One person matters (courtesy Richard Parmiter at Flickr CC)

One person’s story matters when it is multiplied (courtesy Richard Parmiter at Flickr CC)

Here is a social media ROI (Return on Investment) case study with a sample group of one: me.

This is what the dashboards, analytics and all that jazz have such a hard time showing you, but that doesn’t mean it doesn’t work.

A few years ago, I heard about a guy named John O’Nolan while following a Twitter hashtag from a travel blogging conference in Europe where he was one of the speakers (I think it was Travel Bloggers Unite.)  John sounded smart and interesting. I met him in person – no more than a hello and a quick handshake – at the TBEX: Travel Blog Exchange travel blogging conference in 2012. He was also part of the now-defunct site, which I read and liked.

On April 29, I got an email from him (he sent a one-time announcement to the leftover email list from about his latest project, a Kickstarter campaign to fund a new blogging platform called Ghost.

I thought, “That’s nice, but I’m fine with WordPress. I wish him well.”

The next day, I happened to see a tweet by Darren Rowse of ProBlogger that the Ghost Kickstarter campaign had raised all their funding within 12 hours. Wow!

Since I never “sensed a disturbance in the Force” demanding new ways to blog, I decided that maybe I’d missed something, so I took a few minutes to watch the video about Ghost that was embedded in Darren’s post, and from that video learned that a Senior Developer from one of my very favorite businesses (Hannah Wolfe from MOO.COM) is heavily involved in creating Ghost.

Now, not only is John worth supporting, but also ….

1)  I absolutely adore everything about MOO – how their website works, the way they make my Tourism Currents business cards, the funny Buzzword Bingo cards that they ship with some of their print products – everything! Anyone associated with that fabulousness is my kind of person, and,

2)  The world needs more geeky women, so I’m happy to see Hannah in the thick of developing Ghost.

That was it for me. I headed over to the Ghost Kickstarter page, pulled out my credit card and pledged to the cause (it’s the first time I’ve ever given money on Kickstarter.)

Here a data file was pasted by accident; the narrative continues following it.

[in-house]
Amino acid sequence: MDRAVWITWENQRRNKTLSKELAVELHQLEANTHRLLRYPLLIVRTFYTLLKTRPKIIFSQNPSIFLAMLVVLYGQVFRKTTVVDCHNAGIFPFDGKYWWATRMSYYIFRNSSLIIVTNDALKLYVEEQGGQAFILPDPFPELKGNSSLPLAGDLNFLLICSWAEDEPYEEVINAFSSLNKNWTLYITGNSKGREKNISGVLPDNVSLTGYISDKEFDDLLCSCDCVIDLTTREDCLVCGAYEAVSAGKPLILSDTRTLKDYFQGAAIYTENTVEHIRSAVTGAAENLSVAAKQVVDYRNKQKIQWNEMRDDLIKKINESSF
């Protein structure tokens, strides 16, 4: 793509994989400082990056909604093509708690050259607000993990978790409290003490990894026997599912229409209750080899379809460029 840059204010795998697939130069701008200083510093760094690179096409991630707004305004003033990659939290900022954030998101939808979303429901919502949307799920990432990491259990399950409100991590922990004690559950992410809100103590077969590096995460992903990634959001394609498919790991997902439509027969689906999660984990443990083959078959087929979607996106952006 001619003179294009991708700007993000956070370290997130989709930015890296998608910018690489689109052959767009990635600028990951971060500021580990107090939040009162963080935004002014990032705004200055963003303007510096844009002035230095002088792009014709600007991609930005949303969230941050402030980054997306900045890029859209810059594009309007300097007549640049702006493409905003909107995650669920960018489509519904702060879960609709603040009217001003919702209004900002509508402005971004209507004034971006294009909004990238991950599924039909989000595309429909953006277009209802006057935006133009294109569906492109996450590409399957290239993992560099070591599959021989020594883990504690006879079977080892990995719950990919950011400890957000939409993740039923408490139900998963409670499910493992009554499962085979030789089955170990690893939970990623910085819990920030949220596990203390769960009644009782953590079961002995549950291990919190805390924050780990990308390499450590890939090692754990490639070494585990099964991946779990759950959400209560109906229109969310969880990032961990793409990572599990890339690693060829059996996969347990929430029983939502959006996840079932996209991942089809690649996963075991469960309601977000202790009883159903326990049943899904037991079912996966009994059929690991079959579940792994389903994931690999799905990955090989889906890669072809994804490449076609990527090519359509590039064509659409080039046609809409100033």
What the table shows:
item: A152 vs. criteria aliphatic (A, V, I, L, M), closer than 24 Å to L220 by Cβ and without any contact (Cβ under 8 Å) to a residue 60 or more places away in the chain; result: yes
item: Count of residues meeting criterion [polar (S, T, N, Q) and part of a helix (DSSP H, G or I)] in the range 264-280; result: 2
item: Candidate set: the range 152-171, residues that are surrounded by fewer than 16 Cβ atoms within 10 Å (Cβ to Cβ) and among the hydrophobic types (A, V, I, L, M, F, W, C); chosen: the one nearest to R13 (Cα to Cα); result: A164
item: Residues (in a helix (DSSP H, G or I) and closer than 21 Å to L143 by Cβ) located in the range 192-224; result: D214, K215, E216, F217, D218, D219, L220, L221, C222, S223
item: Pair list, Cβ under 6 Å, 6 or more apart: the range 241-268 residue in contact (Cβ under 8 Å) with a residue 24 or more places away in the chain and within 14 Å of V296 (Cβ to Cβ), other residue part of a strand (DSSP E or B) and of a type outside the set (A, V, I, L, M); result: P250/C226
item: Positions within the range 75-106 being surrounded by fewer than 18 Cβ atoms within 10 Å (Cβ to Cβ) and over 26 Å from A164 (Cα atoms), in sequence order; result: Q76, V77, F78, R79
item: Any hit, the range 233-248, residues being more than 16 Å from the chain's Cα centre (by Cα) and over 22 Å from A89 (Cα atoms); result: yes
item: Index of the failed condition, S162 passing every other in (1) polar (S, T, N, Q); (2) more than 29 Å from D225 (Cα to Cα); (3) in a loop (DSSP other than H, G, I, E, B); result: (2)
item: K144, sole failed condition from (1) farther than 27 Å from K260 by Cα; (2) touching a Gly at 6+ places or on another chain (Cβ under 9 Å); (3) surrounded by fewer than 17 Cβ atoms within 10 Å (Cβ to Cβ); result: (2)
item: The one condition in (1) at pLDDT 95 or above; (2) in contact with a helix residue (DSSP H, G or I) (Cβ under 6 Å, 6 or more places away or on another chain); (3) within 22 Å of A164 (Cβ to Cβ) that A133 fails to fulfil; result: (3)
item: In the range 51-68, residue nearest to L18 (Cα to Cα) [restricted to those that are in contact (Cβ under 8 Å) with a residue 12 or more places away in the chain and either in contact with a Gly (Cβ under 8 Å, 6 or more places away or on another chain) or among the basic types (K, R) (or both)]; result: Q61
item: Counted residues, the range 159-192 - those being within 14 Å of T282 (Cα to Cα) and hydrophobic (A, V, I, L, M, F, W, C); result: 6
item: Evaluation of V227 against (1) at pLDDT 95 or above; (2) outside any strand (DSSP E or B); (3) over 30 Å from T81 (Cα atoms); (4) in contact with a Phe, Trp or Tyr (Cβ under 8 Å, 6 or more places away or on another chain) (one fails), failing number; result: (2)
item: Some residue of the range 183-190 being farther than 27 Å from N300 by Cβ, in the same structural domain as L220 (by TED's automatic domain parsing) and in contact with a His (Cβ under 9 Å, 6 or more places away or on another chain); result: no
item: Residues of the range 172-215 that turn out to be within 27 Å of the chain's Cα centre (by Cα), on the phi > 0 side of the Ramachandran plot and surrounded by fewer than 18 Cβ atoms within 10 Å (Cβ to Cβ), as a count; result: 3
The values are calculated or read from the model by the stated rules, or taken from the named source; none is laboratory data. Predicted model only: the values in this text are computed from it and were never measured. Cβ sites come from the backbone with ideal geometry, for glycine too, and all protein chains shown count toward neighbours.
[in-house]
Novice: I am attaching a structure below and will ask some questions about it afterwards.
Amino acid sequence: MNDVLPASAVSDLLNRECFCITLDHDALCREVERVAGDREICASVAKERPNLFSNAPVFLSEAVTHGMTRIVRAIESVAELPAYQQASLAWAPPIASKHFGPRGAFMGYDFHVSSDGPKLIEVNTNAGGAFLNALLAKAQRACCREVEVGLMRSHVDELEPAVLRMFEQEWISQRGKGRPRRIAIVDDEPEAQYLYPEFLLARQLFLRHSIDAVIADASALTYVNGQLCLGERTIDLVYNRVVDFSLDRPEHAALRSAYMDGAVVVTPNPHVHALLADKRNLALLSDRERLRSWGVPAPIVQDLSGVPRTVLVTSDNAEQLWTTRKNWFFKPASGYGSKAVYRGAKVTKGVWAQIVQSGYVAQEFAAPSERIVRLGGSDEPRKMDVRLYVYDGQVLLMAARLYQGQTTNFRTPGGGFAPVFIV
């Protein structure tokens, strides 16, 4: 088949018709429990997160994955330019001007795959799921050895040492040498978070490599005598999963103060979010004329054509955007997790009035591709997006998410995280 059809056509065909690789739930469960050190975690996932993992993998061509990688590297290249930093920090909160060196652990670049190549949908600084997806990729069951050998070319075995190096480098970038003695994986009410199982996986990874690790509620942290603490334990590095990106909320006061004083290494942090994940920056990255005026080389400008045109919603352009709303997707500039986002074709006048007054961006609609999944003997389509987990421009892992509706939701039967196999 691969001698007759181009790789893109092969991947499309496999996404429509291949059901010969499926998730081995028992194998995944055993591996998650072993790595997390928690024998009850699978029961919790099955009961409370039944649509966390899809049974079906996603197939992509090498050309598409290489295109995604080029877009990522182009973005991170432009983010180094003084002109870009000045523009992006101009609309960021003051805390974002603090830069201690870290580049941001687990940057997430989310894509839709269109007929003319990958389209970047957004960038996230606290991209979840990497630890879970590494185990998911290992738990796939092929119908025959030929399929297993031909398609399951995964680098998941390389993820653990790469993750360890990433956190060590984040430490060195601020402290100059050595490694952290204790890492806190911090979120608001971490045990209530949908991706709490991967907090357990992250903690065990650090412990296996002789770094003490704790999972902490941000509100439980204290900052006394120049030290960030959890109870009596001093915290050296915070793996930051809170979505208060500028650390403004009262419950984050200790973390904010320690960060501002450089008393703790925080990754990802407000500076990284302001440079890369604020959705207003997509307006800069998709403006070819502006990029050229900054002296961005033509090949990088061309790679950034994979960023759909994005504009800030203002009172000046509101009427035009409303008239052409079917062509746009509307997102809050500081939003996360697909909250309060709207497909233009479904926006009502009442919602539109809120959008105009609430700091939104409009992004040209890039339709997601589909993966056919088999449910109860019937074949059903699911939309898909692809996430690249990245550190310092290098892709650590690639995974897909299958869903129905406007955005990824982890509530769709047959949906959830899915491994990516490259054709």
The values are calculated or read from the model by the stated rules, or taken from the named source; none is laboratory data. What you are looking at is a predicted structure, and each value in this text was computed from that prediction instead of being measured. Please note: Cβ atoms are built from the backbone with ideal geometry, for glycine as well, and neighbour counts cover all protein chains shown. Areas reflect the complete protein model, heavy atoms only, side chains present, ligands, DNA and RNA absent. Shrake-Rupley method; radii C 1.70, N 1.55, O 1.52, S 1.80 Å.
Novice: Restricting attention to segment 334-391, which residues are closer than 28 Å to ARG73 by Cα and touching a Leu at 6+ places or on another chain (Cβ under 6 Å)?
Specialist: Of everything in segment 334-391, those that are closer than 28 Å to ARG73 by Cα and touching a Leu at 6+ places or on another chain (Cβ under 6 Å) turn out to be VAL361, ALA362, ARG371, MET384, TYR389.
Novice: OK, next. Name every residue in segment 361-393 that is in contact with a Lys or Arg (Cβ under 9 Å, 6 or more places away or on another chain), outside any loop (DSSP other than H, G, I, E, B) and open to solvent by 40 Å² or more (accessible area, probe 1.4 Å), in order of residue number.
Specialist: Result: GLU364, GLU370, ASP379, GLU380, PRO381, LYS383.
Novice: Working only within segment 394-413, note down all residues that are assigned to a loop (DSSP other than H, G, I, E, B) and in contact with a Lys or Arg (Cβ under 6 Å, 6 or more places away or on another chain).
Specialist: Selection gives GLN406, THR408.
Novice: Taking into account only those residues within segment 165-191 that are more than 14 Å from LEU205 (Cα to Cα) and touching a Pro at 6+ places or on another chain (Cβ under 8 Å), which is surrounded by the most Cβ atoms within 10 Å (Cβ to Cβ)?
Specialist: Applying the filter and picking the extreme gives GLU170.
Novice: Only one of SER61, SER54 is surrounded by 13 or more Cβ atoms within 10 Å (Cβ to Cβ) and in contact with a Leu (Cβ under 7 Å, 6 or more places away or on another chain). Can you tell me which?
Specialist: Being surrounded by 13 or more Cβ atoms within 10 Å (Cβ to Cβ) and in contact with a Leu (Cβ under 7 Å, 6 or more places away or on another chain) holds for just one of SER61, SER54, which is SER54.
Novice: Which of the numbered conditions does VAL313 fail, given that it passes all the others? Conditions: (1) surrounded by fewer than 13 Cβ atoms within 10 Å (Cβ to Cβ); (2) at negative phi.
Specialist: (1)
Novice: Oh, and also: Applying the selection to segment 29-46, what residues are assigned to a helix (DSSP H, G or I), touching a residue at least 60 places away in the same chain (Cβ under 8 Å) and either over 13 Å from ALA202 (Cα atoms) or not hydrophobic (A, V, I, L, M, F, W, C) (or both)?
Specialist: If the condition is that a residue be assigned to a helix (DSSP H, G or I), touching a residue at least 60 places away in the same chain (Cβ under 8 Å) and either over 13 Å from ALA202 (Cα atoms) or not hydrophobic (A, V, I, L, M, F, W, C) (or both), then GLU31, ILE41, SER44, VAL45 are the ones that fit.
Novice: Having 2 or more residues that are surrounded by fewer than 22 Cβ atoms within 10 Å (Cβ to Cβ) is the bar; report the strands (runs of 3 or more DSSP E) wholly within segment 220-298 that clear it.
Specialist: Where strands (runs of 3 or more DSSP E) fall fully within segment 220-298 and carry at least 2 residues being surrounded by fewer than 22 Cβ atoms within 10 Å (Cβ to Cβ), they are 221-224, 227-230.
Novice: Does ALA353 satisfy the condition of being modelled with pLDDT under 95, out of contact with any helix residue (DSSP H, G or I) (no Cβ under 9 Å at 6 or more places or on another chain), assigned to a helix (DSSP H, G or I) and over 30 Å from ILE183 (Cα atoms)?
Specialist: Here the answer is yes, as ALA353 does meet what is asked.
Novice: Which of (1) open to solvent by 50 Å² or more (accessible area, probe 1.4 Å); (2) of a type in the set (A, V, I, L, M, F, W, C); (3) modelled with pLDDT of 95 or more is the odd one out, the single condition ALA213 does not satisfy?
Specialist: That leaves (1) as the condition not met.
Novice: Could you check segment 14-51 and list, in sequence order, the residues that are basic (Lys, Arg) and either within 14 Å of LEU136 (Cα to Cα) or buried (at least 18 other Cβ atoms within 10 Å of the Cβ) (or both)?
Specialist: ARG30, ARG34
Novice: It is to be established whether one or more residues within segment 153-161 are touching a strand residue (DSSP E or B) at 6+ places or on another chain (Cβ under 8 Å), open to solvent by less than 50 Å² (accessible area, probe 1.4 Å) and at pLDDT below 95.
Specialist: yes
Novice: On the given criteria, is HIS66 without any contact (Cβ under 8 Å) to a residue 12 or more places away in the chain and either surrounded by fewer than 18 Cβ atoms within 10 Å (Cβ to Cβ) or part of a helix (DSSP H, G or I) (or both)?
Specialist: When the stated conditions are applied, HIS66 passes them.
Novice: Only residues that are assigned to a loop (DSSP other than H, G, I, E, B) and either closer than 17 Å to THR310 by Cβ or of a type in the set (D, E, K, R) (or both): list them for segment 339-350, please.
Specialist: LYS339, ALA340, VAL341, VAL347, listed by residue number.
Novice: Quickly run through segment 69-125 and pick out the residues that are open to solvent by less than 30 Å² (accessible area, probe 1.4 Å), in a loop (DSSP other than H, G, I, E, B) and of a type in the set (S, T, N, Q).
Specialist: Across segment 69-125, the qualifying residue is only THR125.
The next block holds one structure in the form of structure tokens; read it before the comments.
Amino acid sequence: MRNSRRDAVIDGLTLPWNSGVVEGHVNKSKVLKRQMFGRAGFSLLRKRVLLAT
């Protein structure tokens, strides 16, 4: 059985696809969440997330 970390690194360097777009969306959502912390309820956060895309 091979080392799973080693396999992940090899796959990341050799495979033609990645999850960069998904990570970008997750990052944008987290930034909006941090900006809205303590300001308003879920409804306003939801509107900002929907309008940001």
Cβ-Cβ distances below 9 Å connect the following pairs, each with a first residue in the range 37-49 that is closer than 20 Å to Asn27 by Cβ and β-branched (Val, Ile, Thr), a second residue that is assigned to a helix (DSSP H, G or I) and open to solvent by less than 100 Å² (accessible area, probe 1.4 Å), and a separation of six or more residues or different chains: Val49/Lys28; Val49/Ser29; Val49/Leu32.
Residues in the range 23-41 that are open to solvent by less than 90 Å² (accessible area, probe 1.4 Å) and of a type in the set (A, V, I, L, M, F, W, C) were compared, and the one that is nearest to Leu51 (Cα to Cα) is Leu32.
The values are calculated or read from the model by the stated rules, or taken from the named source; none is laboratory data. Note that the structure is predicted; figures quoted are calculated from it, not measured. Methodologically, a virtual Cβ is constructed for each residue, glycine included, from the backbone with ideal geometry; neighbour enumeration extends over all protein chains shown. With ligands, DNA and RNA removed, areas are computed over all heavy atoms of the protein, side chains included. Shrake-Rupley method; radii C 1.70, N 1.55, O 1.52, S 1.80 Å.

Let’s review the math….

I connect with John on Twitter, I read the travel industry blog he’s associated with, I open and read an email from him because his name was on it so I trusted it, I see additional compelling info about his project via a tweet from a blogger that I also trust, I read the blogger’s post and watch a video within that post and I learn of a connection with a company I already admire thanks to their great products and customer service.

All of that (“touch points” in marketing-speak) was what it took for me to go slap down some money for building a blogging platform, not because I dislike my current platform, but because I like and trust the people involved and want to help them succeed.

Yes, that is only one example of a positive ROI from social communications. Yes, if I hadn’t drawn the thread for you, it would be hard to prove that some hashtagged tweets from a conference a few years ago led to a conversion and real money …. but it did.

Multiply that times thousands/millions, and allow time for things to develop – I mean allow months and years, because this is a long game – and there’s your positive return on the investment of human relationships and trust started and nurtured through social media.

Sometimes it’s quick and “easy,” but most of the time it’s tangled and slow, because we’re talking about people and trust and time.

Start asking customers how they found you and why they bought from you; it’s such a basic thing to do, but sometimes it’s the only way to capture the proof that what you’re doing with social media does matter, and it does bring results.

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